Sermon, November 14, 2021 – Pentecost 25

Instilling Hope

We are approaching the conclusion of Ordinary Time, next Sunday we celebrate the Feast of Christ the King which will be the culmination of the journey we have traveled over the past twenty-five weeks.

The Gospel for this morning is often called “the little apocalypse” or “revelation” where Jesus tells the disciples what to expect as the Day pf the Lord draws closer. There are more than a few fundamentalist preachers who will take these verses literally, then attempt to correlate them with current events and jump to the conclusion that our Lord’s promised return is just around the corner. This misses the point Jesus is trying to make – that our faith will sustain us even in the worst of times, as well as the best.

The Epistle to the Hebrews I think gives us a way to respond to this morning’s Gospel that is both faithful to the text and makes clear what is expected of us as faithful Christians. In short, we are called to live a sanctified, or holy, life. The question for us is how do we do this – how do we live a sanctified, or holy, life?

First, a sanctified life is a life liven in a posture of confidence before God. Jesus’ offering of himself (“through his flesh”) has cleansed us “from an evil conscience” (vers 22). This is an allusion to our baptism, as well as to Jesus as the one who renews Israel (Ezekiel 36: 25), the author asserts that Jesus has “washed [our] bodies with pure water. In other words, as baptized and forgiven people, we need not be crippled by guilt and/or fear, but we can live with confidence before God.

Second, the sanctified life is one lived in hope. Verse 23 urges us to “hold fast to the confession of our hope without wavering.”  This is not a misguided or misaligned hope. Even though Christ has inaugurated a new age, the world is still “waiting” for the final defeat of all God’s enemies – including death. All believers, then and now, face the challenge of living faithfully during this “in between” time, perhaps even in the midst of “abuse and persecution.”  Christian hope is practiced against our outward circumstances; because our hope is rooted not in human effort, but solely in the faithfulness of God. We are able to “hold fast” to our hope because the one “who has promised is faithful”

Third, the sanctified life is lived in community. This flies in the face of our American tendency toward rugged individualism. The entire community is the target of the exhortation to persevere. In fact, the author of the Epistle to the Hebrews scolds us for neglecting to meet together for worship and fellowship.

In urging us, and all, believers to gather, the author describes the “provocative” function of the Church. The Church gathers, in part, “for the purpose of incitement or provocation.”  This can carry a negative connotation of irritation or sharp disagreement, as well as the positive meaning of encouragement. Therefore, agitation is not simply a tool for community or union organizers, but one of the functions of members of Christ’s body. We are to stir up – if necessary, irritate – each other in to fulfilling, or living into, our Baptismal Covenant.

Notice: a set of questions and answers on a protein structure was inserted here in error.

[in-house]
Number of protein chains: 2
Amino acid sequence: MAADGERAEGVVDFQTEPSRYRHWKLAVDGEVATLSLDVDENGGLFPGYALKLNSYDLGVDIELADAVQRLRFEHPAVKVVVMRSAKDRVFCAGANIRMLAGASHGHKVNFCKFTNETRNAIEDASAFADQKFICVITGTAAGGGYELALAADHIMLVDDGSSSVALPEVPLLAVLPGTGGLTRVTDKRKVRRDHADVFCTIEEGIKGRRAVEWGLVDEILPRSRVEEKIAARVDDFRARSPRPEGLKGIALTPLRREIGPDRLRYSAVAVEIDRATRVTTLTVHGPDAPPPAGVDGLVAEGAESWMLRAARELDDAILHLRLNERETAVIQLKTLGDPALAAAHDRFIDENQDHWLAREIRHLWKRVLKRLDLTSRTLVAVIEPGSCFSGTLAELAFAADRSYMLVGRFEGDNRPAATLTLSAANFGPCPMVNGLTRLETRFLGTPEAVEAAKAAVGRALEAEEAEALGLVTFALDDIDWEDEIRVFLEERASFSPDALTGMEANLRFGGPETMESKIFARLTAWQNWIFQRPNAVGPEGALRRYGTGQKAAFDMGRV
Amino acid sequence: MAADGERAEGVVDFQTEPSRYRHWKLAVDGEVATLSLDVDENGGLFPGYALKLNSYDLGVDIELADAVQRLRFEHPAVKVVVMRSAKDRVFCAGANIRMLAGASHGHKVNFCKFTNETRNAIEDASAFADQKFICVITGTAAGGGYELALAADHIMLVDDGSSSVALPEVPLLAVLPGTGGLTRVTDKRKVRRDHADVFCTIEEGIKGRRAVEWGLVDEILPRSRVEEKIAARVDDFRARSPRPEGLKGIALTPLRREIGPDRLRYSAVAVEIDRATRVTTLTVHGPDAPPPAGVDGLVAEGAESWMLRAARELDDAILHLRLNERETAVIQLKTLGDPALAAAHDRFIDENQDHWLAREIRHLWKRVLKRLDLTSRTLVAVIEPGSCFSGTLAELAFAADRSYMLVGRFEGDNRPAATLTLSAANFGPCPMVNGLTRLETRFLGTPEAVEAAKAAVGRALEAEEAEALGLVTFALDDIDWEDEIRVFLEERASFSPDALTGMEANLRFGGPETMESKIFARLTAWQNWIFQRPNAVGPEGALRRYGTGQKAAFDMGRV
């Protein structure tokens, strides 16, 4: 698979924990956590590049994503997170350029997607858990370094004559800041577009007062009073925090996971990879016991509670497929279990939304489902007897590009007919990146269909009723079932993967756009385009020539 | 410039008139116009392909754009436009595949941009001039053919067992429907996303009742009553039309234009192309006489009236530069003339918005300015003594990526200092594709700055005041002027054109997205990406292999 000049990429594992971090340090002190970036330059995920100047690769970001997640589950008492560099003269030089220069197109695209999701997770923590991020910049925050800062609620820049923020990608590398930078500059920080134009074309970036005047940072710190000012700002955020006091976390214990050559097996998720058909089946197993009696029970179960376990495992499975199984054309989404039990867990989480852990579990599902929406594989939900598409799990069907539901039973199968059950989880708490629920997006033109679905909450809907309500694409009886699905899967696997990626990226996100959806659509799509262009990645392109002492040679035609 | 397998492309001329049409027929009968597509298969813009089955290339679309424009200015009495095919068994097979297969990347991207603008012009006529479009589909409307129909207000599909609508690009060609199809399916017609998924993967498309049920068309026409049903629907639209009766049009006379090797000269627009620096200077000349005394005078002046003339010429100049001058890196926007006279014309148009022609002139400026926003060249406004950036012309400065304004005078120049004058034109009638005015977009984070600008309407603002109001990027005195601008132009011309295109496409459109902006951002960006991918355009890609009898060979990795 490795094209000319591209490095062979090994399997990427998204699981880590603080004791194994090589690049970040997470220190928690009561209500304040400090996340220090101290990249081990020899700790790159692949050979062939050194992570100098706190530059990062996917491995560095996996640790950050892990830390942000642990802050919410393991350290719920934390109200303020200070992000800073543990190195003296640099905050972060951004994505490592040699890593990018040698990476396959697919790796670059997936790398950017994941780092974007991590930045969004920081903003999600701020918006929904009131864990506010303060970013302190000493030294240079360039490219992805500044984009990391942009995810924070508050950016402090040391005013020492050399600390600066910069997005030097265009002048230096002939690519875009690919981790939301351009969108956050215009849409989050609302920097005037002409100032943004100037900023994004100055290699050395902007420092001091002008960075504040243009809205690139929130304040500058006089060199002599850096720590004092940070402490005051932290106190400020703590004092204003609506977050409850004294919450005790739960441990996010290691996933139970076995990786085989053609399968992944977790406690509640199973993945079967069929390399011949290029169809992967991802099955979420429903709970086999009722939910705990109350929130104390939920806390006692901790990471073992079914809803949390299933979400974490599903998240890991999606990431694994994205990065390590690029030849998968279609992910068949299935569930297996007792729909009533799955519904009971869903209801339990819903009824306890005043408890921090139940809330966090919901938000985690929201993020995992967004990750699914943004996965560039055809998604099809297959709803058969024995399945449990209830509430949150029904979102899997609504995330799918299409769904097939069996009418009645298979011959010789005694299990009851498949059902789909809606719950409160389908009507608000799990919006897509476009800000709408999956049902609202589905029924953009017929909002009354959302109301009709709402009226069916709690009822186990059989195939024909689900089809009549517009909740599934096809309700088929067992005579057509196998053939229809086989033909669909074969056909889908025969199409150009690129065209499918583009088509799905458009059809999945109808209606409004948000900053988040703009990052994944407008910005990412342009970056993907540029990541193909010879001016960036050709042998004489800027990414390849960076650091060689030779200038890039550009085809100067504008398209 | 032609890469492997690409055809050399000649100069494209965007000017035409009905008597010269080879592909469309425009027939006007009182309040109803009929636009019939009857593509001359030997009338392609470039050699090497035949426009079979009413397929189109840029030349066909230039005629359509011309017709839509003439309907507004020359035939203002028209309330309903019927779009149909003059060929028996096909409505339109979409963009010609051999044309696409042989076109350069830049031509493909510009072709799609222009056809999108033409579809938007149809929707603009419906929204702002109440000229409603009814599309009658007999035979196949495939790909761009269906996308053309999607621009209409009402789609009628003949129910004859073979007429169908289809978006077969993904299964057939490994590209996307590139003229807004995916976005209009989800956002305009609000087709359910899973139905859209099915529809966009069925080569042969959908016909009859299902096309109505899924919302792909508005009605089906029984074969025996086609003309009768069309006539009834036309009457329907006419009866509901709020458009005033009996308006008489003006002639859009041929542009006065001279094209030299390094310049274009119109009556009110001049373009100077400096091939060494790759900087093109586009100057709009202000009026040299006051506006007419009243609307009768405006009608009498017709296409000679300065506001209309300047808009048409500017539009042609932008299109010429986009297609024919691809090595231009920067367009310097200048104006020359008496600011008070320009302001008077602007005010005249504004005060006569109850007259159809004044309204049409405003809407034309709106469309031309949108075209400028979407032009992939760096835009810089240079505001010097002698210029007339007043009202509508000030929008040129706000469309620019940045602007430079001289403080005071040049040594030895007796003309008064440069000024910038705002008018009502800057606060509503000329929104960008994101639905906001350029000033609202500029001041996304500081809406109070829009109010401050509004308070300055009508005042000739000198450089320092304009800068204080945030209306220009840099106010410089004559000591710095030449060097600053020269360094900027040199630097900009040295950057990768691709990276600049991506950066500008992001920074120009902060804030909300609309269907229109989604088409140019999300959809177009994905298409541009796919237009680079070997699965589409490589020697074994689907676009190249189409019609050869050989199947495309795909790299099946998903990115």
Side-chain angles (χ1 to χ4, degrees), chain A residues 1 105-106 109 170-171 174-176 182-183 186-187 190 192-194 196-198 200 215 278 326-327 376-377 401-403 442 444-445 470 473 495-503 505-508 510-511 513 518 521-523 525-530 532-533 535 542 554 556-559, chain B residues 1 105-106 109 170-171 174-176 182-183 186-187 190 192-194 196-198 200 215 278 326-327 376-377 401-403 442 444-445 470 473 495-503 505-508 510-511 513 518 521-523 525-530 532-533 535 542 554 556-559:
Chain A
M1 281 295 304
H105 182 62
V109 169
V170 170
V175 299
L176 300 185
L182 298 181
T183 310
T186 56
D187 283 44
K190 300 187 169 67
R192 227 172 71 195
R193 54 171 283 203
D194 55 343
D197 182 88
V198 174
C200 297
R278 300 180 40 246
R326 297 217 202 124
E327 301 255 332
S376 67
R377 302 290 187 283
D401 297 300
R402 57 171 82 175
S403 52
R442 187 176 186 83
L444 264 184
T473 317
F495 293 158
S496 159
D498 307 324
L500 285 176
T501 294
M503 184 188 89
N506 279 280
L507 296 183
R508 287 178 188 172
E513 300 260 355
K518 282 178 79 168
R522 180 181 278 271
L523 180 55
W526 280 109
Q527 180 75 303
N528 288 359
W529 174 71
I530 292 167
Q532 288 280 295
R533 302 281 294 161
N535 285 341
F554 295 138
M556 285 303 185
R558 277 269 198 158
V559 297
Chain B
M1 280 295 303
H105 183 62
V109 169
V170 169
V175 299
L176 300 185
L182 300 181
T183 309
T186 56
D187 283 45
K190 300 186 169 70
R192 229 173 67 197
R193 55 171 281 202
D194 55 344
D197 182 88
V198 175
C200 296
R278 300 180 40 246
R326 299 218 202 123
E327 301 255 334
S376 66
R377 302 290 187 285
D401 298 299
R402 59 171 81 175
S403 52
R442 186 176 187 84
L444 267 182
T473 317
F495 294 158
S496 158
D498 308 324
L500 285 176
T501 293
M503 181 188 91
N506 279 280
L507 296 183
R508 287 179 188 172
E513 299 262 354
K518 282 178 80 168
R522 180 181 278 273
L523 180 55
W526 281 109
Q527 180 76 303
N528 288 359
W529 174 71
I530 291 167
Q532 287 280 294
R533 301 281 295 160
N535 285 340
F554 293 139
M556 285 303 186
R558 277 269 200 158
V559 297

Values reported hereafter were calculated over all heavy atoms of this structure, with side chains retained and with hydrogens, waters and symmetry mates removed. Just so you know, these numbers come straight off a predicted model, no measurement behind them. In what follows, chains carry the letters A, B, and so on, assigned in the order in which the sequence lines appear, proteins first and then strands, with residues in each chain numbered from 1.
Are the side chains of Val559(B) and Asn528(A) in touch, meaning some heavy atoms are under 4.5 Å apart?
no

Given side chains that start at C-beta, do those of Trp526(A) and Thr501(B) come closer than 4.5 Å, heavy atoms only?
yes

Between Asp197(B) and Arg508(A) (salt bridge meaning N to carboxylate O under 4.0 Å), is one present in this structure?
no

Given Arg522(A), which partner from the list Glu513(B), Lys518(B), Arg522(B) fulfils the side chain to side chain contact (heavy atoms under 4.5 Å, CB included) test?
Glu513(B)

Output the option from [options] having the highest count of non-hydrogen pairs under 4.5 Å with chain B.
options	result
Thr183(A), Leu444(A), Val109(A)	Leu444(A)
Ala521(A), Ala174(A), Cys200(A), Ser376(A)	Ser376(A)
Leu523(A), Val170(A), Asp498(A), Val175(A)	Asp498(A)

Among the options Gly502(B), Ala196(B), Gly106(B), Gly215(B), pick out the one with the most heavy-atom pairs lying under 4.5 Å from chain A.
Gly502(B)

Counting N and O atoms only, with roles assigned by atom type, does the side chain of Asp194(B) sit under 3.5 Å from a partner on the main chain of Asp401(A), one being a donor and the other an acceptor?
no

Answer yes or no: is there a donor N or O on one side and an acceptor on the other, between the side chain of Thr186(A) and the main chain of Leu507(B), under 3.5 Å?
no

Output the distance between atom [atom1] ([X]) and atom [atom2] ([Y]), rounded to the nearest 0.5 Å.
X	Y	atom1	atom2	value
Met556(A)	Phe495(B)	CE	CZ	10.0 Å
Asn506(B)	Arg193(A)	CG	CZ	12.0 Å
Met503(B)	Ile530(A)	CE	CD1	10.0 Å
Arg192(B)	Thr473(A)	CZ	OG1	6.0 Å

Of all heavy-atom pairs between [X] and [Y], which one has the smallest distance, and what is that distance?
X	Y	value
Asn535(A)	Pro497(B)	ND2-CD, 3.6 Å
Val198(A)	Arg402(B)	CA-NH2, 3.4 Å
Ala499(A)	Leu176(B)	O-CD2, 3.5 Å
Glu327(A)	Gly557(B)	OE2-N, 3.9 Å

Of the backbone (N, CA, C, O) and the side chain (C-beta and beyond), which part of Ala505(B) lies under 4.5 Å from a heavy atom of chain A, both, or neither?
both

This model of the Church presents an image where the agitators are not “outsiders,” but “insiders.”  The Church is not a place where everyone “plays nice and gets along,” but a place where our duties to each other include difficult, perhaps contentious wrestling (but always wrestling together), with what love and good deeds available to us. This vision of the Church is the vision to which Doctor Martin Luther King, Junior called the clergy of Birmingham, Alabama in his famous “Letter from Birmingham City Jail” (August 1963). For King, the “love and good deeds” to which Christians provoke each other include agitation against an unjust status quo.

The fourth mark of the sanctified life is related to the third:  as Christians we are called to live in solidarity with each other. Holy living means growing in acts of love and Christ-like service to all people. The author of the Epistle to the Hebrews warns us against complacency, against allowing the gospel of reconciliation to become a matter of cheap grace. Sanctification, the process of growing toward becoming holy, is both a calling and a gift. We are called to respond to God’s gift by engaging in those practices that will shape us into mature disciples. These practices are best cultivated with in the life of the believing community, in other words, the Church, as we gather for worship, to enjoy fellowship with each other, and provoke each other to acts of Christ-like service.

Finally, the sanctified life is lived with a sense of urgency because “the Day [is] approaching” (verse 25). By invoking scriptural images of the coming Day of the Lord as one of both judgement and redemption, we are offered both warning and encouragement. Therefore, as believers we should support each other in “love and good deeds.” So, on this Sunday before the Feast of Christ the King how do we live with the disturbing images of today’s Gospel, especially in light of current events? I believe is this. Jesus told us there would be “troubles,” it’s no different now as it was then. Our task is to live faithfully in love with each other, doing the things our Lord told us to do – feeding the hungry, clothing the naked, caring for the poor and advocating for those who have no voice in our society. Most of all we should lift our heads and rejoice because our redemption is drawing near.


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